There is nothing more soul stirring than to be floating at absolute max high tide off the near side of Ten Pound Island. Right alongside the man-made stone wall of sea smoothed granite stones. Just floating away, sails flapping, sneaking a peak up at the seagull nests over the hill as the gulls wheel and spin overhead in frantic protective mode. All part of the pattern: the lapping of the waves, the calls of the gulls, the max of the tide, the passing of the boats, the still wild essence of Ten Pound. Gloucester harmony in the key of sea.
But once upon a time, 1925 to be exact, it wasn’t quite so quiet on Ten Pound. Paul Freeman, a contributor to the American Aviation Historical Society, has told a marvelous story about Lt. Commander Carl Von Paulsen, an aviator, who was the commanding officer of Coast Guard Section Base No. 7 located in Gloucester. Paulsen approached Lt. Commander Stephen Yeandle, aide to area Commandant Frederick C. Billard, with the idea of utilizing aircraft to locate boats used for prohibition running. Yeandle thought the concept had merit and approached the commandant, who approved the idea but no funds were available. An older Navy surplus UO-1 was located and an agreement was made for the Coast Guard to use it for a period of a year.
It initially flew out of the Squantum Naval Reserve Air Station, but then transferred to a makeshift tent-hangar located on Ten Pound Island in Gloucester Harbor. The first use of an aircraft to chase a rum-runner was on June 20, 1925. Four days later, the UO-1 assisted in the first capture of a rum-runner with aviation support. Von Paulsen and veteran aviator Leonard Melka flew many thousands of miles on patrol during the first year, locating smugglers from the air and directing the patrol boats to them. The experience obtained from operating this single airplane convinced headquarters of the advantages derived from the use of aircraft in Coast Guard work and it was decided to establish a permanent air station and procure appropriate aircraft.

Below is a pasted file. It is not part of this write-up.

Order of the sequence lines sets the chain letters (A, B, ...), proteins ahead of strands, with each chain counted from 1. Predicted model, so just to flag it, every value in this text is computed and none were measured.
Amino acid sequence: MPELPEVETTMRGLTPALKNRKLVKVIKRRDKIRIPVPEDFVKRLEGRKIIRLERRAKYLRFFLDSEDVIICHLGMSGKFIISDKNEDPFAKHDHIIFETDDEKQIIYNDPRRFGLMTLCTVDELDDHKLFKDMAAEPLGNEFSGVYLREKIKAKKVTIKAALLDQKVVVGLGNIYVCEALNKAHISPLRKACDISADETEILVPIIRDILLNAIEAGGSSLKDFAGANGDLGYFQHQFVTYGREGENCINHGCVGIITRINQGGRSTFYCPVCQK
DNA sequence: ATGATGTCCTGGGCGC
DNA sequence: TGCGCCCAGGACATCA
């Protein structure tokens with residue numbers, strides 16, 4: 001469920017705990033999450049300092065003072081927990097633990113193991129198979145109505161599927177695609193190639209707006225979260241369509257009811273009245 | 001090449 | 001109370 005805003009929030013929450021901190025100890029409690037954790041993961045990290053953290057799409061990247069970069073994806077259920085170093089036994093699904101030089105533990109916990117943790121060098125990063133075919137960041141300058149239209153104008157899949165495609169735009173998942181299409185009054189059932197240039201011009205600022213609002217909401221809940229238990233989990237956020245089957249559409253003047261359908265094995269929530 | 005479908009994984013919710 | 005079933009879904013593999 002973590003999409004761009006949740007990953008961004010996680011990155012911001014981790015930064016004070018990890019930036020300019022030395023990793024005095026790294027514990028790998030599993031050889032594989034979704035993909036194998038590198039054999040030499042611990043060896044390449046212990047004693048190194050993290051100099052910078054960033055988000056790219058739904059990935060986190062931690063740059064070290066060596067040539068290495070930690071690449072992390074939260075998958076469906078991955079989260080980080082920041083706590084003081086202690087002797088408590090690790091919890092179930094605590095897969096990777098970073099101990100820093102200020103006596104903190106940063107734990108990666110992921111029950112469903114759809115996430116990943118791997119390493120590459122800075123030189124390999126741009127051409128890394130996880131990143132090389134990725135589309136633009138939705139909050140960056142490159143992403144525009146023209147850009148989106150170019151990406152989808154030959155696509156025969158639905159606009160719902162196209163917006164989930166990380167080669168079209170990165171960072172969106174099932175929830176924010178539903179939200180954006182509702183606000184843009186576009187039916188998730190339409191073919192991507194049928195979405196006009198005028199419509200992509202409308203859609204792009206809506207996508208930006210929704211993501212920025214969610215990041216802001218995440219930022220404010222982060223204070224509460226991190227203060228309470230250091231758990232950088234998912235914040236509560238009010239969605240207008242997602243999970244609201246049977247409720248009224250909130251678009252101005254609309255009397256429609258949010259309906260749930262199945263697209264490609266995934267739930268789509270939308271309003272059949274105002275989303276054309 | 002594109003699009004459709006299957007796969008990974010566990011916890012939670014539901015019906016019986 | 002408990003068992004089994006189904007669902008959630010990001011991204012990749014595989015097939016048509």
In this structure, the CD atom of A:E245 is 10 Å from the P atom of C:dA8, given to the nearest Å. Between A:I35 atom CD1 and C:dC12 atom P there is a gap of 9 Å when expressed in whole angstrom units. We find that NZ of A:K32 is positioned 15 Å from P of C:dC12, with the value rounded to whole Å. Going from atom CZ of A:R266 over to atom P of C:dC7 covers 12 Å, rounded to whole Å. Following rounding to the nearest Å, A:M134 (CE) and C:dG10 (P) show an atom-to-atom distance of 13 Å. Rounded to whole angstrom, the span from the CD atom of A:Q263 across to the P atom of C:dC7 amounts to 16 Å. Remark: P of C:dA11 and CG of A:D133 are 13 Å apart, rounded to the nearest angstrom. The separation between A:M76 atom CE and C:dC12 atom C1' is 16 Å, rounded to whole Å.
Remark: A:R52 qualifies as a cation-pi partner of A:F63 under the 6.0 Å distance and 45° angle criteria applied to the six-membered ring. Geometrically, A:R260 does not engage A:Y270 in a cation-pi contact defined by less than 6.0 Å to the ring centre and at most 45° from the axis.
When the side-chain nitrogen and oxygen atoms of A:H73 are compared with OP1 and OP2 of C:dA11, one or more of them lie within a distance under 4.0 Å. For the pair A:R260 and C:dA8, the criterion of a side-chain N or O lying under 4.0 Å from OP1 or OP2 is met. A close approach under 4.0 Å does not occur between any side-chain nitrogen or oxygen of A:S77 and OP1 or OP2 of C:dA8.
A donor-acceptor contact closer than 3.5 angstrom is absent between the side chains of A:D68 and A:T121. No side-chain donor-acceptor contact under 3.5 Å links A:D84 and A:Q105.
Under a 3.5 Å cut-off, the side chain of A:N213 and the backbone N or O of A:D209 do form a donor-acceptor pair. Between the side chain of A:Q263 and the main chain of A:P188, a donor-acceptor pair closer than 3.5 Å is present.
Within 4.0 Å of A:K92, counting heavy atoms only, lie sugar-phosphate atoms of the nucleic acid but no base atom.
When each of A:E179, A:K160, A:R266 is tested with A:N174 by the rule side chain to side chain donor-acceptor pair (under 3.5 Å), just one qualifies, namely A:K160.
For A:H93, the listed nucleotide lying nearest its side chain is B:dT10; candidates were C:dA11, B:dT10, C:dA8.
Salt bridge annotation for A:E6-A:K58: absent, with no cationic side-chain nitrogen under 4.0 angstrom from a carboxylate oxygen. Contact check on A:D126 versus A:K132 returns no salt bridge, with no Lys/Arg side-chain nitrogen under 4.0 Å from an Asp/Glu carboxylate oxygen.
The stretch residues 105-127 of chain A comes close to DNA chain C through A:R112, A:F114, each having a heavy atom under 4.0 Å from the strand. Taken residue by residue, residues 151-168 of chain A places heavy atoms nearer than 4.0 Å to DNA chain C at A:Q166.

Billard obtained an appropriation of $162,000 for the purchase of five aircraft specifically designed for the Coast Guard. Three were modified Loening OL-5 amphibians with strengthened hulls for rough water landings and larger fuel tanks providing increased fuel for extended law enforcement patrols. Two of the aircraft purchased were modified Vought UO-1 seaplanes. During the summer of 1926 after blasting, leveling and concrete pouring, a large steel hangar was erected. The first new OL-5 aircraft arrived at Ten Pound Island in October and November. The personnel of Base Seven set to work, erecting a complex of wooden buildings to effectively man and support the base.
The Coast Guard went on the offensive and the three-mile limit was effectively extended by means of agreements with other nations. Meanwhile, smuggling interdiction continued to be the primary mission of the air station. Prohibition was roaring along, so there was lots of business. Daily patrols were flown in aircraft not only capable of radio communication with both surface units and shore stations but with the ability to obtain the bearing of a suspect smuggler making a radio transmission. The OL-5s were armed with machine guns and, at least in one recorded incident, they were used to sink numerous wooden crates of whiskey that were dumped overboard by a rum-runner. As Rum-Row continued to move further off shore and the search area continued to expand, the most effective utilization of the aircraft was to locate a boat, notify Coast Guard surface vessels of its location, and to continue to circle over the boat until a destroyer or 75-footer arrived on scene to apprehend them or set up a picket to prevent them from heading back toward shore.
The station was simultaneously engaged in the saving of life and property. In the first four years of operation there were 212 cases of assistance rendered embracing casualties to vessels, property and persons. Experiments were conducted in which a shot line, strung between poles, was picked up by the aircraft and carried to a vessel in distress. The line was dropped from the plane to the deck of the vessel in distress while a breaches-buoy is run out to the vessel — survivors were brought ashore by this means. It was used when the vessel in distress was too far from shore for the shot line to reach it or the seas were too rough for the launching of a small boat.
The Ten Pound Air Station was on the southeast corner of the island; the large hangar and several outbuildings were clustered around the seaplane ramp. But they had company: The island shared a building complex with two boat ramps and a large pier, a U.S. Fisheries lobster hatchery that predated the Coast Guard station. Toward the south end of the island was the lighthouse keeper’s residence.
By 1932, a more advanced JF-2 plane was assigned to Ten Pound Island. But with the advent of the PJ and RD Dolphin flying boats there was no room to expand the Ten Pound Island base. Ten Pound Island Air Station was decommissioned and a new larger air station was established at Salem in 1935. And so ended the Ten Pound Island Coast Guard Air Station, Ten Pound Island, Mass. These are facets of the diamond of Gloucester history that will make our 400th so interesting to celebrate.
Gloucester resident Gordon Baird is an actor and musician, co-founder of Musician magazine and producer of “The Chicken Shack” community access TV show.